people who elected me.
"It would be a long story to tell you of all that occurred in the
three years thereafter; how I saw many a doubtful scheme hatched
under my eyes without having the power or right to protest while
I kept the shelter of the Governor's roof ; how I left his house and
separated from him ; how I pursued my way apart from him, sup-
ported by good men who gathered about me ; how he slandered and
maligned and injured me through my father, whom all had known,
and my mother, of whom I myself had told him ; how in the end he
prompted the Danish Government to propose to the Althing a new
constitution for Iceland, curtailing her ancient liberties and violat-
ing her time-honored customs, and how I led the opposition to this
unworthy project and defeated it. The end of all is that within
these two months Iceland has risen against the rule of Denmark
as administered by Jorgen Jorgensen, driving him away, and that
I, who little thought to sit in his place even in the days when
he himself was plotting to put me there, and would have fled from
the danger of pushing from his stool the man whose bread I
had eaten, am at this moment president of a new Icelandic Re-
"It will seem to you a strange climax that I am where I am
after so short a life here, coming as a youth and a stranger only
four years ago, without a livelihood and with little money (though
more I might perhaps have had), on a vague errand, scarcely able
to speak the language of the people, and understanding it merely
from the uncertain memories of childhood. And if above the pleas-
ures of a true patriotism for I am an Icelander, too, proud of the
old country and its all but thousand years there is a secret joy
in my cup of fortune, the sweetest part of it is that there are those
there is one in dear little Elian Vannin who will, I truly think,
rejoice with me and be glad. But I am too closely beset by the
anxieties that have come with my success to give much thought
to its vanities. Thus in this first lull after the storm of our revolu-
tion, I have to be busy with many active preparations. Jorgen
Jorgensen has gone to Copenhagen, where he will surely incite the
Danish Government to reprisals, though a powerful State might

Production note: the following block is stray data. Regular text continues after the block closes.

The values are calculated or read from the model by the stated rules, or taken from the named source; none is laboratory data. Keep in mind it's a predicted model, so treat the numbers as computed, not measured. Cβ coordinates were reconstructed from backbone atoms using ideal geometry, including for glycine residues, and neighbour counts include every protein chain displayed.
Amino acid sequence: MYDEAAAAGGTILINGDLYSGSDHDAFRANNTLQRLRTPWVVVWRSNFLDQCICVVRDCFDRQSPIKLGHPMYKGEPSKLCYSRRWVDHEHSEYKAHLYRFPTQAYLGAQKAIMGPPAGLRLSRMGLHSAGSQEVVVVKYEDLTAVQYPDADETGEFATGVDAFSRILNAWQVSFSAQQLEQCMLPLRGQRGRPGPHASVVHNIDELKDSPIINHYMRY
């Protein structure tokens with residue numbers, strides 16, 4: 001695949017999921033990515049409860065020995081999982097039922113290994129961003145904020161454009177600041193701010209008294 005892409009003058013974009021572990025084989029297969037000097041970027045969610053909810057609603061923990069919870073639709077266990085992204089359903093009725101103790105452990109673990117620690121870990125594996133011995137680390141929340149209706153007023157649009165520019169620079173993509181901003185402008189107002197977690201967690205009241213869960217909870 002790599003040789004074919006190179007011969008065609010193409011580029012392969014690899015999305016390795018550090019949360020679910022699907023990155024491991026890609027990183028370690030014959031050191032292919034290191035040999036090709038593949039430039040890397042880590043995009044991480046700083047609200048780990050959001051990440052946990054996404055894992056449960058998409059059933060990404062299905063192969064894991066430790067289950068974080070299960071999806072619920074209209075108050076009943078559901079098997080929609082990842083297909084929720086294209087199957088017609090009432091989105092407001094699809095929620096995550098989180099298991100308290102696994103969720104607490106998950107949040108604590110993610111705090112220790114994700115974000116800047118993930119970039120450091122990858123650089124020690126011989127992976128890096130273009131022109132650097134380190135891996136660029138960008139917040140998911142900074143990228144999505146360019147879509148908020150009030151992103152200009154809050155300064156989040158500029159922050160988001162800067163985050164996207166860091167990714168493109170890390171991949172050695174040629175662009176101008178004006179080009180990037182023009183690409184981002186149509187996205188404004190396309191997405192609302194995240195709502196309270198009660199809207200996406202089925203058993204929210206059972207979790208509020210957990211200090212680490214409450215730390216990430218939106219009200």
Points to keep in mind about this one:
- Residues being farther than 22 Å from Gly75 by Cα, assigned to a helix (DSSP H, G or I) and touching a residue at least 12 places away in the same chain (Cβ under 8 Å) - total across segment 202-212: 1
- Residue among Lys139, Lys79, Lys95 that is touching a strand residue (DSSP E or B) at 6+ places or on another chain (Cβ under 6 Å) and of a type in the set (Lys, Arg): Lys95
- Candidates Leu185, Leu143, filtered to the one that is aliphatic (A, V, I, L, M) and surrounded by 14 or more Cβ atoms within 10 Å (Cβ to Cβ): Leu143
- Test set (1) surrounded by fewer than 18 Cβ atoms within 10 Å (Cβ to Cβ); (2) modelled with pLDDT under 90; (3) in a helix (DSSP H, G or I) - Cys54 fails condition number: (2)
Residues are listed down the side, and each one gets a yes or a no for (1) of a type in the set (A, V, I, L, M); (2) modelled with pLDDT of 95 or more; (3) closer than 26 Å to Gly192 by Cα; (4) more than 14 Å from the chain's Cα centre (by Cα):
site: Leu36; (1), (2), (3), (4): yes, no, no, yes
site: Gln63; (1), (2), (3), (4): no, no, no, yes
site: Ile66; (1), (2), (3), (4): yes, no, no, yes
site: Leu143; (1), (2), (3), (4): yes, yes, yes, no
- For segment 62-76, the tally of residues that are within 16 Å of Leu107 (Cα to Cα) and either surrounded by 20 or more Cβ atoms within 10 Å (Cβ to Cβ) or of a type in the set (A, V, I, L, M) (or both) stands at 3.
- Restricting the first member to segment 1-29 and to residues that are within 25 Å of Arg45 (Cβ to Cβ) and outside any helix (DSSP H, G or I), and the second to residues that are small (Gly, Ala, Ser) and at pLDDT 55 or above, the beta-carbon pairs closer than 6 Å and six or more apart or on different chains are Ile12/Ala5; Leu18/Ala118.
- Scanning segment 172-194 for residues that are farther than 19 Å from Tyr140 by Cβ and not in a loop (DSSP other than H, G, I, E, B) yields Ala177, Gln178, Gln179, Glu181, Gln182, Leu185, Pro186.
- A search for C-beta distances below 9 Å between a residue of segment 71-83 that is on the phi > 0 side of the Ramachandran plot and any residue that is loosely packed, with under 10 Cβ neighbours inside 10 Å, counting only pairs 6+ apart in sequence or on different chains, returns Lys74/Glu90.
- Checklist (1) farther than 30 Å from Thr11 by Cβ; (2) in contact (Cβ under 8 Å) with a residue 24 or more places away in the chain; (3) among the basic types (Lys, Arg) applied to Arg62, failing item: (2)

well afford to leave to its freedom the ancient little nation that
lives on a great rock of the frozen seas. In view of this certainty,
I have to organize some native forces of defense, both on land and
sea. One small colony of Danish colonists who took the side of the
Danish powers has had to be put down by force, and I have re-
THE BONDMAN 137
moved the political prisoners from the jail of Reykjavik, where they
did no good, to the sulphur mines at Krisuvik, where they are open-
ing an industry that should enrich the State. So you see that my
hands are full of anxious labor, and that my presence here seems
necessary now. But if, as sanguine minds predict, all comes out
well in the end, and Denmark leaves us to ourselves, or the powers
of Europe rise against Denmark, and Iceland remains a free nation,
I will not forget that my true home is in the dear island of the
Irish Sea, and that good souls are there who remember me and
would welcome me, and that one of them was my dear little play-
fellow long ago.
"And now, dear Greeba, you know what has happened to me
since we parted on that sweet night at the gate of Lague, but I
know nothing of all that has occurred to you. My neglect has been
well punished by my ignorance and my many fears.
"How is your father? Is the dear man well, and happy, and
prosperous ? He must be so, or surely there is no Providence dis-
pensing justice in this world.
"Are you well ? To me the years have sent a tawny beard and
a woful lantern jaw. Have they changed you greatly? Yet how
can you answer such a question ? Only say that you are well, and
have been always well, and I will know the rest, dear Greeba that
the four years past have only done what the preceding eight
years did, in ripening the bloom of the sweetest woman-
hood, in softening the dark light of the most glorious eyes, and in
smoothing the dimples of the loveliest face that ever the sun of
Heaven shone upon.
"But, thinking of this, and trying to summon up a vision of
you as you must be now, it serves me right that I am tortured by
fears I dare not utter. What have you been doing all this time?
Have you made any new friends? I have made many, yet none
that seem to have got as close to me as the old ones are. One old
friend, the oldest I can remember, though young enough yet for
beauty and sweet grace, is still the closest to my heart. Do you
know whom I mean? Greeba, do you remember your promise?
You could hardly speak to make it. I had forgotten my manners
so that I had left you little breath. Have you forgotten? To me
it is a delicious memory, and if it is not a painful one to you, then
all is well with both of us. But, oh, for the time to come, when
many a similar promise, and many a like breach of manners, will
wipe away the thought of this one ! I am almost in love with my-
self to think it was I who stood with you by the bridge at Lague,
and could find it in my heart, if it were only in my power, to kiss
I 3 8 THE BONDMAN
the lips that kissed you. I'll do better than that some day. What
say you ? But say nothing, for that's best, dearest. Ah, Greeba "
At this point there was a break in the letter, and what came
after was in a larger, looser, and more rapid handwriting.
"Your letter has this moment reached me. I am overwhelmed
by the bad news you send me. Your father has not yet come. Did
his ship sail for Reykjavik? Or was it for Hafnafjord? Certainly
it may have put in at the Orkneys, or the Faroes. But if it sailed
a fortnight before you wrote, it ought to be here now. I will make
"I interrupted my letter to send a boat down the fiord to look.
It is gone. I can see it now skirting the Smoky Harbor on its way
to the Smoky Point. If your father comes back with it, he shall
have a thousand, thousand welcomes. The dear good man how
well I remember that on the day I parted from him he rallied me